The ‘Big Four’ banks made huge profits as Australians took out bigger mortgages for more expensive housing
Australia’s big four banks – ANZ, CBA, NAB and Westpac – now hold a whopping $1.87 trillion in home loans.
Throughout 2021, as Australian house prices soared, Australians took on larger and larger mortgages – many worth more than six times their income – and sent profits at the Big Four banks soaring.
EY analysis of the big four banks’ half-year 2022 results showed they had a combined after-tax cash profit of $14.4 billion.
That’s $700 million more than the 2021 half-year results, or an increase of 5.1 percent.
The Big Four’s share of $1.87 trillion in home loans makes up the majority of the nation’s total home loans, which are worth nearly $2 trillion in total.
EY found that out of a $2.9 trillion loan book from the Big Four (including home loans, personal loans, and business loans), about $1.87 trillion is made up of home loans.
In the year ended March 2022, home loans originated by the Big Four increased 2.4 percent, or $43.9 billion, according to EY.
The report finds that many Australians have also taken on high debt-to-income ratios, with many Big Four clients borrowing more than six times their income among nearly 300,000 Australians.
The share of the big four customers in this category has increased significantly since March 2020 and accounted for around a quarter of new loans from eligible deposit-taking institutions in the December quarter of 2021.
“However, as collection capabilities have been strengthened during the pandemic, banks are better positioned to work with borrowers on tailored payment strategies and solutions,” the report said.
Home loan margins are temporarily falling but will rise as interest rates rise
The report found that home loan margins have declined due to intense competition from other lenders, but those margins are set to surge again due to rising interest rates.
Average net interest margins fell by 14 basis points to 1.75 percent compared to the first half of 2021.
“We’ve seen through the pandemic, a number of clients have refinanced – going to another Big Four lender or another non-Big Four lender.”
But tight margins won’t be the case as long as interest payments start to rise.
The Reserve Bank raised interest rates to 0.35 percent last week, and economists at the big four banks expect further rate hikes.
CBA expects the policy rate to rise to 1.60 percent by February 2023, Westpac expects it to reach 2.25 percent by May 2023, NAB expects it to reach 2.60 percent by August 2024, and ANZ forecasts that it will reach 2.25 percent by May 2023.
Analysis by RateCity shows that if cash interest hits 2.60 percent by August 2024, someone with a $500,000 mortgage would increase their monthly repayments by $675 compared to what they are currently paying could.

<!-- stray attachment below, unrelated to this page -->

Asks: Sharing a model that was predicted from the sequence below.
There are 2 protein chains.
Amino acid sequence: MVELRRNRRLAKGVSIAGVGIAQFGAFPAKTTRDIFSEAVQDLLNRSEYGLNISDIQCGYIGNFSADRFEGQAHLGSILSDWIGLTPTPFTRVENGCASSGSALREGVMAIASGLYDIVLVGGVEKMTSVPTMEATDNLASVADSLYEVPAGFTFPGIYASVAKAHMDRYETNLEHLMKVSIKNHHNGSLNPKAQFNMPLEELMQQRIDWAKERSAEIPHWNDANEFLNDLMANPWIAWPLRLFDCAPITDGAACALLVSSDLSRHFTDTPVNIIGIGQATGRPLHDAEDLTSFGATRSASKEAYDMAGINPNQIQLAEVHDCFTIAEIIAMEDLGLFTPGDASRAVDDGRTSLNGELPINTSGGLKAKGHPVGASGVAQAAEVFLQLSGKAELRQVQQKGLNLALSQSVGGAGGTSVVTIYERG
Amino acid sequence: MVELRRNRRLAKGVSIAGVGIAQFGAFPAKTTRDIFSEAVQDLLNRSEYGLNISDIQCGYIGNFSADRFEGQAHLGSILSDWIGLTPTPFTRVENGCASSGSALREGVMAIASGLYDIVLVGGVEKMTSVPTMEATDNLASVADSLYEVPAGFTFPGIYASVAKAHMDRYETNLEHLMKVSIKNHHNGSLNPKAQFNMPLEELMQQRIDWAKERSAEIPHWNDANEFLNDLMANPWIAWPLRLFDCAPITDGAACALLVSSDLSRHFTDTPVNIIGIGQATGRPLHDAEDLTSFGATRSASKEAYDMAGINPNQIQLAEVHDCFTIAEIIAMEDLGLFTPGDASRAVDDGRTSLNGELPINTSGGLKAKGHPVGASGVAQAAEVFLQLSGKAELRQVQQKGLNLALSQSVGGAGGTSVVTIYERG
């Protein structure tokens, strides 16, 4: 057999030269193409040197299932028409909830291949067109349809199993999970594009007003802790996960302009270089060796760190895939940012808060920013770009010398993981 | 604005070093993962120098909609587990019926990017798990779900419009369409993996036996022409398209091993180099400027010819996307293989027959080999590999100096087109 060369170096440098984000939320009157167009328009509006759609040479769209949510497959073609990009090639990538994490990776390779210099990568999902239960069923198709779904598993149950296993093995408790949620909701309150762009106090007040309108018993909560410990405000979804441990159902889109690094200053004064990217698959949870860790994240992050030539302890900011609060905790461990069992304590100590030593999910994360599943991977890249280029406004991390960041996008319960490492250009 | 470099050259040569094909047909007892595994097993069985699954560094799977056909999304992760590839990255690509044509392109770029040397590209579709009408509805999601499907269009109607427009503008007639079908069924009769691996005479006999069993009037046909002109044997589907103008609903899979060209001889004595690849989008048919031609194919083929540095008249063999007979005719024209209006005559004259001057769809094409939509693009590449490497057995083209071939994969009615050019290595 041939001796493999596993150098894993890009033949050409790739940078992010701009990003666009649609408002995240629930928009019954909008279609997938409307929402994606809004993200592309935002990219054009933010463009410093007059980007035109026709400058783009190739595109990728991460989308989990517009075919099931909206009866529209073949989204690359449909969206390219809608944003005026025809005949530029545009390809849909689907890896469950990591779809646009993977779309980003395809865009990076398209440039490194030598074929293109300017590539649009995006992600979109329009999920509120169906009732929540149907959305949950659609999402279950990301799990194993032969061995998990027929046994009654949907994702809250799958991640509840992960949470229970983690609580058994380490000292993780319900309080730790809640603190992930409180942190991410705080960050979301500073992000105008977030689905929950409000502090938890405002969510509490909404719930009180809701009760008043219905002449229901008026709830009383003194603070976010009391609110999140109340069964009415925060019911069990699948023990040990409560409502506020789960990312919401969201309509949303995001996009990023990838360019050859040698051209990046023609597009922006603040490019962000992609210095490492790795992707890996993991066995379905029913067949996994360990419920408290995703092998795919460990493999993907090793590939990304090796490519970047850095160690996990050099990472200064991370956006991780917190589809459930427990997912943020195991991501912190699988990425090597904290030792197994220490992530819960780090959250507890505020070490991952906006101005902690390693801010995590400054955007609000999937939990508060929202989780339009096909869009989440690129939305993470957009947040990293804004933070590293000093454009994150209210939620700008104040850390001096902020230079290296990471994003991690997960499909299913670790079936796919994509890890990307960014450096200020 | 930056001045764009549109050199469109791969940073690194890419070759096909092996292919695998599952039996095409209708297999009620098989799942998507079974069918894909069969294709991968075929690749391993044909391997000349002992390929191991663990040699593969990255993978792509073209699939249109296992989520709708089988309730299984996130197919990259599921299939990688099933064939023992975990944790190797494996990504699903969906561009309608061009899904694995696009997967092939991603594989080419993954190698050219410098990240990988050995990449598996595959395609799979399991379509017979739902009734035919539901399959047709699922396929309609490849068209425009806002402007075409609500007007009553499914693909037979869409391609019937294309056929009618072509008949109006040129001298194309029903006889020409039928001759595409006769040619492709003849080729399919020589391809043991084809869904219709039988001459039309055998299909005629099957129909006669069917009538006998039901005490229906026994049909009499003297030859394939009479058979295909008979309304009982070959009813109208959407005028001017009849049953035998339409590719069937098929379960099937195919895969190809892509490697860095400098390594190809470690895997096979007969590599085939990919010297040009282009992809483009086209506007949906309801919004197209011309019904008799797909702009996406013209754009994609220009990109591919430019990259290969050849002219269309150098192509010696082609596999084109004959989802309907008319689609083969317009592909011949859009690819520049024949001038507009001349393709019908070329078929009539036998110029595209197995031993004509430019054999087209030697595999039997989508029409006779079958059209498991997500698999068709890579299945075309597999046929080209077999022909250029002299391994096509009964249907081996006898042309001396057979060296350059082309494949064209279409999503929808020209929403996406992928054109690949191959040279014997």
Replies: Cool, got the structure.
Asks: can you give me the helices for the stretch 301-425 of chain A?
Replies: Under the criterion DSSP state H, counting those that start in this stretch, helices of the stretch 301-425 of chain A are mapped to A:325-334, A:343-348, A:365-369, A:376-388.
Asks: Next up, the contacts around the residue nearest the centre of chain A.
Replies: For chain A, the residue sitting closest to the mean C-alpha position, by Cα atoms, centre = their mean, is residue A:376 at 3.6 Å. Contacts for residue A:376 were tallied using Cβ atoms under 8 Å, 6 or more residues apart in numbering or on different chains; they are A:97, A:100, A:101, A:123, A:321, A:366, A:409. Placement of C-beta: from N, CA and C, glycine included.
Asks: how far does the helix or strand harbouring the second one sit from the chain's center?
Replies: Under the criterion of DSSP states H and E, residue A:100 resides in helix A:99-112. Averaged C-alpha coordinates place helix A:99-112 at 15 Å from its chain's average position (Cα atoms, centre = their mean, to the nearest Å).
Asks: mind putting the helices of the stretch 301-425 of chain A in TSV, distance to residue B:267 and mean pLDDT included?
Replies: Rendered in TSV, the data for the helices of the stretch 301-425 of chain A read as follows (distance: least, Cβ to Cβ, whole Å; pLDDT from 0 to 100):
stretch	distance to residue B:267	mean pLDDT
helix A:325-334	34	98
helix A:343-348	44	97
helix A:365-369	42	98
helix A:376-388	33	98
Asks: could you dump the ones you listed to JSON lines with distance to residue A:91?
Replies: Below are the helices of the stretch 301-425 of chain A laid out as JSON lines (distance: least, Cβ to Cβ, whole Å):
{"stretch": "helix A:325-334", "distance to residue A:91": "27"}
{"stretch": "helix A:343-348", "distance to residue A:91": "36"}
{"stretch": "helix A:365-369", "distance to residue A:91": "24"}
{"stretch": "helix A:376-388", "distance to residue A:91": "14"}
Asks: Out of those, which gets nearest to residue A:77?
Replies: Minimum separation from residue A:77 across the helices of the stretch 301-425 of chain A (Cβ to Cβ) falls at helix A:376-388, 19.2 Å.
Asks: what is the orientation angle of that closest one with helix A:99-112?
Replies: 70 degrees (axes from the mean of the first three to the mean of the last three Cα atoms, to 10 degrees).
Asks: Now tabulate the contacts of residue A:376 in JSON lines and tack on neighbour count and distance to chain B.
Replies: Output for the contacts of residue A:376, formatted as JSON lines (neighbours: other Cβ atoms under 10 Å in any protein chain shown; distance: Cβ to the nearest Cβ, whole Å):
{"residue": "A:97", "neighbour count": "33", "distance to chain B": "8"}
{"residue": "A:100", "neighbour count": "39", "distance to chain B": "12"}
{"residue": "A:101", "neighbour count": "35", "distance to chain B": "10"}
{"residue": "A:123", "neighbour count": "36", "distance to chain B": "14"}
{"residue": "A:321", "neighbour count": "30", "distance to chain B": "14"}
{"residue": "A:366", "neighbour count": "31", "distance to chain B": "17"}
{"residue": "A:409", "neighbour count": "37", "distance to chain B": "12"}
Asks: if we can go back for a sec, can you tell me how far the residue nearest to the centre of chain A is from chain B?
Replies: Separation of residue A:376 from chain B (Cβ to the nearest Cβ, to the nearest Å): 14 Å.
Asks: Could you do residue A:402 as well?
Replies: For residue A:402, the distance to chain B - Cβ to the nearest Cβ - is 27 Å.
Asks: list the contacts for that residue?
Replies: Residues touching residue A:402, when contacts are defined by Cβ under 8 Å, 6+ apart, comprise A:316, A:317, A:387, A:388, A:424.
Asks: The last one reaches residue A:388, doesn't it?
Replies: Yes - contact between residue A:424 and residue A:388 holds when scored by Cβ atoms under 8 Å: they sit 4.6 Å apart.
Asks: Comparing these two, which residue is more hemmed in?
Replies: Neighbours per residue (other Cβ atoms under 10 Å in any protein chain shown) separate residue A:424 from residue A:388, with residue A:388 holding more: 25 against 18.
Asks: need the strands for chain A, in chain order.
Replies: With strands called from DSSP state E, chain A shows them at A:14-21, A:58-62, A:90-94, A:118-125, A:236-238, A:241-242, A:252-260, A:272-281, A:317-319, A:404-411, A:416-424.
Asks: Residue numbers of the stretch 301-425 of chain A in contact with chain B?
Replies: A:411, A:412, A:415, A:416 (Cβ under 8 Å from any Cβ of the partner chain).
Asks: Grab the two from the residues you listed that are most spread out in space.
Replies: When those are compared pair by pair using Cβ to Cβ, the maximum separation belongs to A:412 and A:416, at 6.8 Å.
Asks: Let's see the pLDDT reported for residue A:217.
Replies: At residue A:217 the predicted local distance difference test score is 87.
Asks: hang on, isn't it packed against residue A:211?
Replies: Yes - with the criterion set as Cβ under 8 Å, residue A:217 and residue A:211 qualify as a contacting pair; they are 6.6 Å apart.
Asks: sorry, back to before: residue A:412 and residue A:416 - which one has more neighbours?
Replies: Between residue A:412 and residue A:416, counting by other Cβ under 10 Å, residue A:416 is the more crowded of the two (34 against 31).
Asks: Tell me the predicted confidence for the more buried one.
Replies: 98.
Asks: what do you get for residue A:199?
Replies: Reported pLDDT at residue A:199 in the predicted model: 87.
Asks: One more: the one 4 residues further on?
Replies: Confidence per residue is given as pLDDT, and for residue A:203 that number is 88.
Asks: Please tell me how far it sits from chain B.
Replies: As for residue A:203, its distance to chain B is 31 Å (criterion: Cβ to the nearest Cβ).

For someone with a $1 million mortgage, repayments could increase by $1,350.
RateCity research director Sally Tindall said economists were predicting rate hikes would likely push home prices down about 15 percent over two years.
More lending to businesses during the pandemic also helped generate big profits
The remainder of the Big Four’s record profits came from business loans, which grew during the pandemic lockdowns.
According to EY, loans to businesses are now $974 billion, up 5.68 percent or $52.4 billion.
Mr Dring said personal loans to customers have declined slightly due to increasing competition from buy-now-pay-later services like Afterpay and Zip.
According to EY, the Big Four’s share of personal loans (credit cards, auto loans, etc.) was $44 billion, down 0.91 percent year-on-year.
Hessel Verbeek, head of banking strategy at KPMG, said the four big earnings results have returned to pre-COVID rates but competition, particularly in home loans, will intensify.
He said that in this environment, the Big Four banks “need to become more digital, automate more and reduce their overheads” to stay profitable.
He said the margins on business loans are higher than mortgage loans because it’s a riskier loan, but that all the big banks are looking to business loans for their future performance.
“With higher interest rates, we would expect people to stop borrowing as much — in terms of mortgages — as they have been doing.”
The analysis refers to the half-year results for 2022 of the banks. ANZ, NAB and Westpac semi-annual reports ended March 31, 2022, while CBA semi-annual reports ended December 31, 2021.
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